Rescue Me

The story of that 16-year-old girl who was sailing solo around the world and ran into trouble in the middle of the ocean got me thinking about the whole rescue business.  Isn’t there something mildly galling when someone undertakes a hazardous vanity stunt and then expects the world to come to their rescue when something goes wrong?

A rescue effort — with search teams, planes, boats, and helicopters — can not only be wildly expensive, but dangerous to the searchers.  I remember covering the story of a Chicago area sportswriter lost in the mountains of Colorado.  One of the planes searching for him crashed, killing at least one crew member.   (As I recall, the sportswriter’s remains were found the following spring.)

I’m not talking about rescue/search efforts to assist someone who had been engaged in the ordinary activities of life –including recreational activities.  That’s one of the traits of a caring society– we try to help someone in a jam, even when the rescue efforts are expensive and pose a risk to the helpers.

But when someone is trying to do something that smacks of  self-aggrandizement (“Look, Mom, I’m trekking across the Antarctic, solo, at age 13!), why should society have to go through heroic and expensive efforts to be someone’s personal back-up crew?  Just how much should the rest of us pay to be the safety net for somebody else’s quest for personal glory?

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  • Phil, I’m testing you. Do you read comments and respond to them? I hope to find out shortly. Good point in your post by the way.

  • Wayne Kendall

    Phil, you make some very good points. By the way, the sportswriter was Keith Rhinehart of the Daily Herald. His body was never recovered and, to date, his whereabouts remains unknown.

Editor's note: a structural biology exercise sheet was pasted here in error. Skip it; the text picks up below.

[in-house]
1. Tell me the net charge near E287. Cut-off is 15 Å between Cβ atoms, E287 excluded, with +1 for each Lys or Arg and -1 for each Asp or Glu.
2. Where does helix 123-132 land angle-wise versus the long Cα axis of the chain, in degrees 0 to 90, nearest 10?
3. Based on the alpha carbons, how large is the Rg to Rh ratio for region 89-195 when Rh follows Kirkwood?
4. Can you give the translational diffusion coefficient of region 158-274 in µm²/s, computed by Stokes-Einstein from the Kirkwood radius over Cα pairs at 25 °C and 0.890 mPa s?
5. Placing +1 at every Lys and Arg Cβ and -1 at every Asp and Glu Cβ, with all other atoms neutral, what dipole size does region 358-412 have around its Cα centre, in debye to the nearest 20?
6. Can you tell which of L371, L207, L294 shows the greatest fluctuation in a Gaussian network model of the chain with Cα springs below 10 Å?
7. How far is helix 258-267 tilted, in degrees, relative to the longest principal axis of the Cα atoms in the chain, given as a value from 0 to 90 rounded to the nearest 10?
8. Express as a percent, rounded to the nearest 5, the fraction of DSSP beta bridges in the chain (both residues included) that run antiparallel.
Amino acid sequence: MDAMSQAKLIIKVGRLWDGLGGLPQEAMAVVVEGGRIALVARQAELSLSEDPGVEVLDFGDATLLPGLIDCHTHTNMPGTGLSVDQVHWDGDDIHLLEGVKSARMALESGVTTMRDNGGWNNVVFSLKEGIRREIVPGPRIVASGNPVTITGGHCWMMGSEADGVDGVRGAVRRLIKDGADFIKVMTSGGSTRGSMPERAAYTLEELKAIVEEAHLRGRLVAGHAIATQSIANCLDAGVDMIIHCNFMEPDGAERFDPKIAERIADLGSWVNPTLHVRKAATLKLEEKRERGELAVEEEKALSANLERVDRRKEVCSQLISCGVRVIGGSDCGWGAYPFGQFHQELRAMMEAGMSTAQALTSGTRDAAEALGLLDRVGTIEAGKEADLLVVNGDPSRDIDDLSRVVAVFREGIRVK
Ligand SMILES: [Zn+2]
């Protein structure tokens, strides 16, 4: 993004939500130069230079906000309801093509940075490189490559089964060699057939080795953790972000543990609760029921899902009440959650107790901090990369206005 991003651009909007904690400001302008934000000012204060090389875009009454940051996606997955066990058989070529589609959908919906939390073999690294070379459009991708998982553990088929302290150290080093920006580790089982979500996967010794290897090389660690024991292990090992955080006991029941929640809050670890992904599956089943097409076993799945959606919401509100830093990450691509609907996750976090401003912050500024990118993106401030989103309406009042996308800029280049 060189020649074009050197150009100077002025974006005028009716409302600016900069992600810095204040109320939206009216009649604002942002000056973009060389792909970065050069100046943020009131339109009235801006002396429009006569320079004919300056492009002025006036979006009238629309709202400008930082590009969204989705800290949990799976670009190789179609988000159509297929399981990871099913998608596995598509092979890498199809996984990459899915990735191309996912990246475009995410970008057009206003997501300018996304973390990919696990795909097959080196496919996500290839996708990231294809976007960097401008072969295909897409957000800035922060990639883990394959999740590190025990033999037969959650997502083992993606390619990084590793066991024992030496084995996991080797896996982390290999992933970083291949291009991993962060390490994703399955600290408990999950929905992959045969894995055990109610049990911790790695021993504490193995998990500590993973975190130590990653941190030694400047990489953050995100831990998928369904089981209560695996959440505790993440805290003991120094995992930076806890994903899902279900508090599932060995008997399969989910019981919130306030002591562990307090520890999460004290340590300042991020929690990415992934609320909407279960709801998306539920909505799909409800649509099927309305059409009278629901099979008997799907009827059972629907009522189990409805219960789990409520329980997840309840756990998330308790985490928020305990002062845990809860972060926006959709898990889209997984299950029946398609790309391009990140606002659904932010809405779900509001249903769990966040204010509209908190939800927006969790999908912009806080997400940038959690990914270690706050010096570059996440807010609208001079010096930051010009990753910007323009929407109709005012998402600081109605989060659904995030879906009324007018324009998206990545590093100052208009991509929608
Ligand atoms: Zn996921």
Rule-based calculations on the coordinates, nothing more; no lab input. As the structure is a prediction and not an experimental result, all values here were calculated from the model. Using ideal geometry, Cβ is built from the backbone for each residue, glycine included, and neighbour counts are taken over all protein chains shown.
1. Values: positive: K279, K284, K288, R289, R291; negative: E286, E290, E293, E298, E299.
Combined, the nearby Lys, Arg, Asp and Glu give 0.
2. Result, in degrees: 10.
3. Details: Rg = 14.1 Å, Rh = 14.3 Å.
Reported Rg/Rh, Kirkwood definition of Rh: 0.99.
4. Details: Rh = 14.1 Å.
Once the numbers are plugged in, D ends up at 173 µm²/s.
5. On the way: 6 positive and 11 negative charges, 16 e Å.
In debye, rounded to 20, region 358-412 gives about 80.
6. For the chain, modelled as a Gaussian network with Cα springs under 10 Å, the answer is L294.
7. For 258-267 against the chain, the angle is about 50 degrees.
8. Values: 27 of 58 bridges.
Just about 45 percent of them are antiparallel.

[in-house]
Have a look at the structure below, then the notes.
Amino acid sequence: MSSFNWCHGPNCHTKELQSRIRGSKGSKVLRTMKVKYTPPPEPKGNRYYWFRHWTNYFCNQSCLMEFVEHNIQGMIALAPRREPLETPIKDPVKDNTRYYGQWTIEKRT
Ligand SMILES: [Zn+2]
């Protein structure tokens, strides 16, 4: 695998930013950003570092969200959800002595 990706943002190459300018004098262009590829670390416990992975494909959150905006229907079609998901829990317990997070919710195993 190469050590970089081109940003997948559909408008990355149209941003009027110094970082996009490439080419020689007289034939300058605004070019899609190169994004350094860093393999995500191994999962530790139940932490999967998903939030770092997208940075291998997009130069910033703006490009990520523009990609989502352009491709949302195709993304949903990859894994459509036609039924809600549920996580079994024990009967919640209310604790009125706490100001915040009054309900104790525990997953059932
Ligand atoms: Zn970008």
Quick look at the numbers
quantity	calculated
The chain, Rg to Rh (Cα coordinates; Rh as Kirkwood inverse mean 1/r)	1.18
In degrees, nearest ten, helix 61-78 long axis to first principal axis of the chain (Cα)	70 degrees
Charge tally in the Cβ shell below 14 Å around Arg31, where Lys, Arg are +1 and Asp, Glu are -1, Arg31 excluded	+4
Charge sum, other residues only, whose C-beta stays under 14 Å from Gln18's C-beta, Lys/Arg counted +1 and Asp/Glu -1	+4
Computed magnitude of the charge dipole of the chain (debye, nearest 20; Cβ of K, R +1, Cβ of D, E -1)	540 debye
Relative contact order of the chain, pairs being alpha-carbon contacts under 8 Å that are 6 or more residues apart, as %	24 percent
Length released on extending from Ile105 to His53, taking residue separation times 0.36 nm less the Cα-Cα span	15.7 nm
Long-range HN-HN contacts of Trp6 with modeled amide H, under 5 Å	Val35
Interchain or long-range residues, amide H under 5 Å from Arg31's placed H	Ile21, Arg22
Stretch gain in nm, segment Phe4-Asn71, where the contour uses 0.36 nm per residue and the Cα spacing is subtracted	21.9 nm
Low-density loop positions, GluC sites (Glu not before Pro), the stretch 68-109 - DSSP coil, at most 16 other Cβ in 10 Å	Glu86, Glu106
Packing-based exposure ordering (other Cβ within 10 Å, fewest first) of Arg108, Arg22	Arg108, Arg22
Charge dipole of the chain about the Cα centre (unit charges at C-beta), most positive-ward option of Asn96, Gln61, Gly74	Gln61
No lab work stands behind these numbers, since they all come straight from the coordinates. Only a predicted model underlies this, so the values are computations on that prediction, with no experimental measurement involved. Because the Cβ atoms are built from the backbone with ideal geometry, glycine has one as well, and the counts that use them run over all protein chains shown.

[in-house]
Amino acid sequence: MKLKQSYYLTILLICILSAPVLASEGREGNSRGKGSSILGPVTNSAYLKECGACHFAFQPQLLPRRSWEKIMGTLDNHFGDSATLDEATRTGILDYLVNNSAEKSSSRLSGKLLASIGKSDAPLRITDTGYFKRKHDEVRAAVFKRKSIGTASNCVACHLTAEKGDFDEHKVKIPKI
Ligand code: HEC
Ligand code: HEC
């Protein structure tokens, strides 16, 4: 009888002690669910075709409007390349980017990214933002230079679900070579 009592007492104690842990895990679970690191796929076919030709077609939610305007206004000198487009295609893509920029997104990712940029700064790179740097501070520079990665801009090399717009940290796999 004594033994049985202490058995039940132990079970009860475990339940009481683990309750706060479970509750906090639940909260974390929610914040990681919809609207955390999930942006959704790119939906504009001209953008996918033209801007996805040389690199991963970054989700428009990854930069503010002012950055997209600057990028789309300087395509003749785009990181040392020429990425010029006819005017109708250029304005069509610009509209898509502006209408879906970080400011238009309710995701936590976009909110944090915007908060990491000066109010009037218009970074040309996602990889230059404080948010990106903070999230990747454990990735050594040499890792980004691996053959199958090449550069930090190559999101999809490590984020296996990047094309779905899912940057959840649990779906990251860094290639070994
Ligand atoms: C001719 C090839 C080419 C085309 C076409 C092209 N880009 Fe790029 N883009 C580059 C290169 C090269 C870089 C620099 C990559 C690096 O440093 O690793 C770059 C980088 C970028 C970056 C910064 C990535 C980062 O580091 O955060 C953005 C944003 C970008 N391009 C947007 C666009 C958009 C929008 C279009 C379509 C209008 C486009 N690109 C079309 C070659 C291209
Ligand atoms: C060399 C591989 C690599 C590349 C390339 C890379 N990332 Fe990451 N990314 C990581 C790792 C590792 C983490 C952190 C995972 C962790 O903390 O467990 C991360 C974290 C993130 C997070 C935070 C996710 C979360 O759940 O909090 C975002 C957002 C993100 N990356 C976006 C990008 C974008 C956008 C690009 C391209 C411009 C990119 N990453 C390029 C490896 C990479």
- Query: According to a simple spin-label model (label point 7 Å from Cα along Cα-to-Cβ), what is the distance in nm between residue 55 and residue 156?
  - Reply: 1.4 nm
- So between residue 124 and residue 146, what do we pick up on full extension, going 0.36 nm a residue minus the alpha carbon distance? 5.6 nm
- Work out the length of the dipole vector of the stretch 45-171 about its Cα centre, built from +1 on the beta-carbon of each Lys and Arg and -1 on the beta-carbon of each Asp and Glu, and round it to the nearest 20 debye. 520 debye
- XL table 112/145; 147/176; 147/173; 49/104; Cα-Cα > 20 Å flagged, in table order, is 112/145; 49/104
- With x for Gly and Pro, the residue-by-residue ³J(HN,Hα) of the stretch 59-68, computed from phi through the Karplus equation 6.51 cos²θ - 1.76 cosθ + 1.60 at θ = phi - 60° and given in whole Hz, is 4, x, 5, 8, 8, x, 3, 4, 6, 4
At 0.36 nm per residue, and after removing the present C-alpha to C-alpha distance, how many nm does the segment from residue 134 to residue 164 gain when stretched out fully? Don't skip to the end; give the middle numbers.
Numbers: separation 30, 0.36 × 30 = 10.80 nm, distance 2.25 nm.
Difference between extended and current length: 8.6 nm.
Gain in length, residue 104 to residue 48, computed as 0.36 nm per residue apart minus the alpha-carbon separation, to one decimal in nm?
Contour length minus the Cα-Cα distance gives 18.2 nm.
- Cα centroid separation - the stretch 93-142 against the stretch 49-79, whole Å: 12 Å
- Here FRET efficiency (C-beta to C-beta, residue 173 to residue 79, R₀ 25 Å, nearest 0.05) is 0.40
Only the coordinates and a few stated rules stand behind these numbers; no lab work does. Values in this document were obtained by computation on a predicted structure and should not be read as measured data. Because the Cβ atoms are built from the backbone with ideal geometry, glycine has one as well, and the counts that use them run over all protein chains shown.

• Wes Foderaro

    Phil, I could not agree more, I have often thought this same thing for years every time I hear about one of these so called “adventurers” climbing Mount Everest or some other mountain, getting stranded, and then dozens of more people have to risk their lives to save them. Not to mention the thousands of dollars that taxpayers have to pay up to pay for the rescue. The rescued should be required to reimburse the government for the expense.

  • Jim Drass

    I agree in part with your comment, it is expensive for society to rescue those in need, but it is hard to define the line on what society should cover and what they should not. If people didn’t explore the universe or stretch the limits of human and technological endurance and exploration, advancements would expand at a much slower pace. In this case, I do think it arrogant for one to expect a government-paid rescue (especially from another country) when the feat is tried and proven and the only record would be “age”, but at some point in the future how would we draw the line between arrogant and exploration?

  • I’m not sure I can always make the correct distinction between a “vanity stunt” and approved travel and adventure. First I’d like to say I think the Guinness Book of World Records should stop paying attention to things which can cause health damage or are based solely on age. Back to the subject, when people travel far from the allegedly protective bounds of “civilization,” we’re at the mercy of the forces of Nature, no matter how big or small a vehicle we’re using, or how many others are with us. Sometimes, the bigger vehicles cost more to rescue. It’s human nature to travel and explore. We also sometimes make mistakes and foolish choices, even when we know better, even when gatekeepers have tried to educate us. But it’s also human nature to help each other out of tight spots. Traditional Inuit culture was noted for cooperation and helpfulness: people helped their neighbors survive because next time, it could be them. Years ago I made some equipment and judgment errors on a solo backpacking trip and had to wait for help to get off the side of a mountain. The people who helped me were part of a noted volunteer team. My debt to them is to be prepared, willing, and able to help others in need in whatever way I can.

  • Phil, I think when parents allow their under age children do dangerous stunts like this one, they should bare all cost.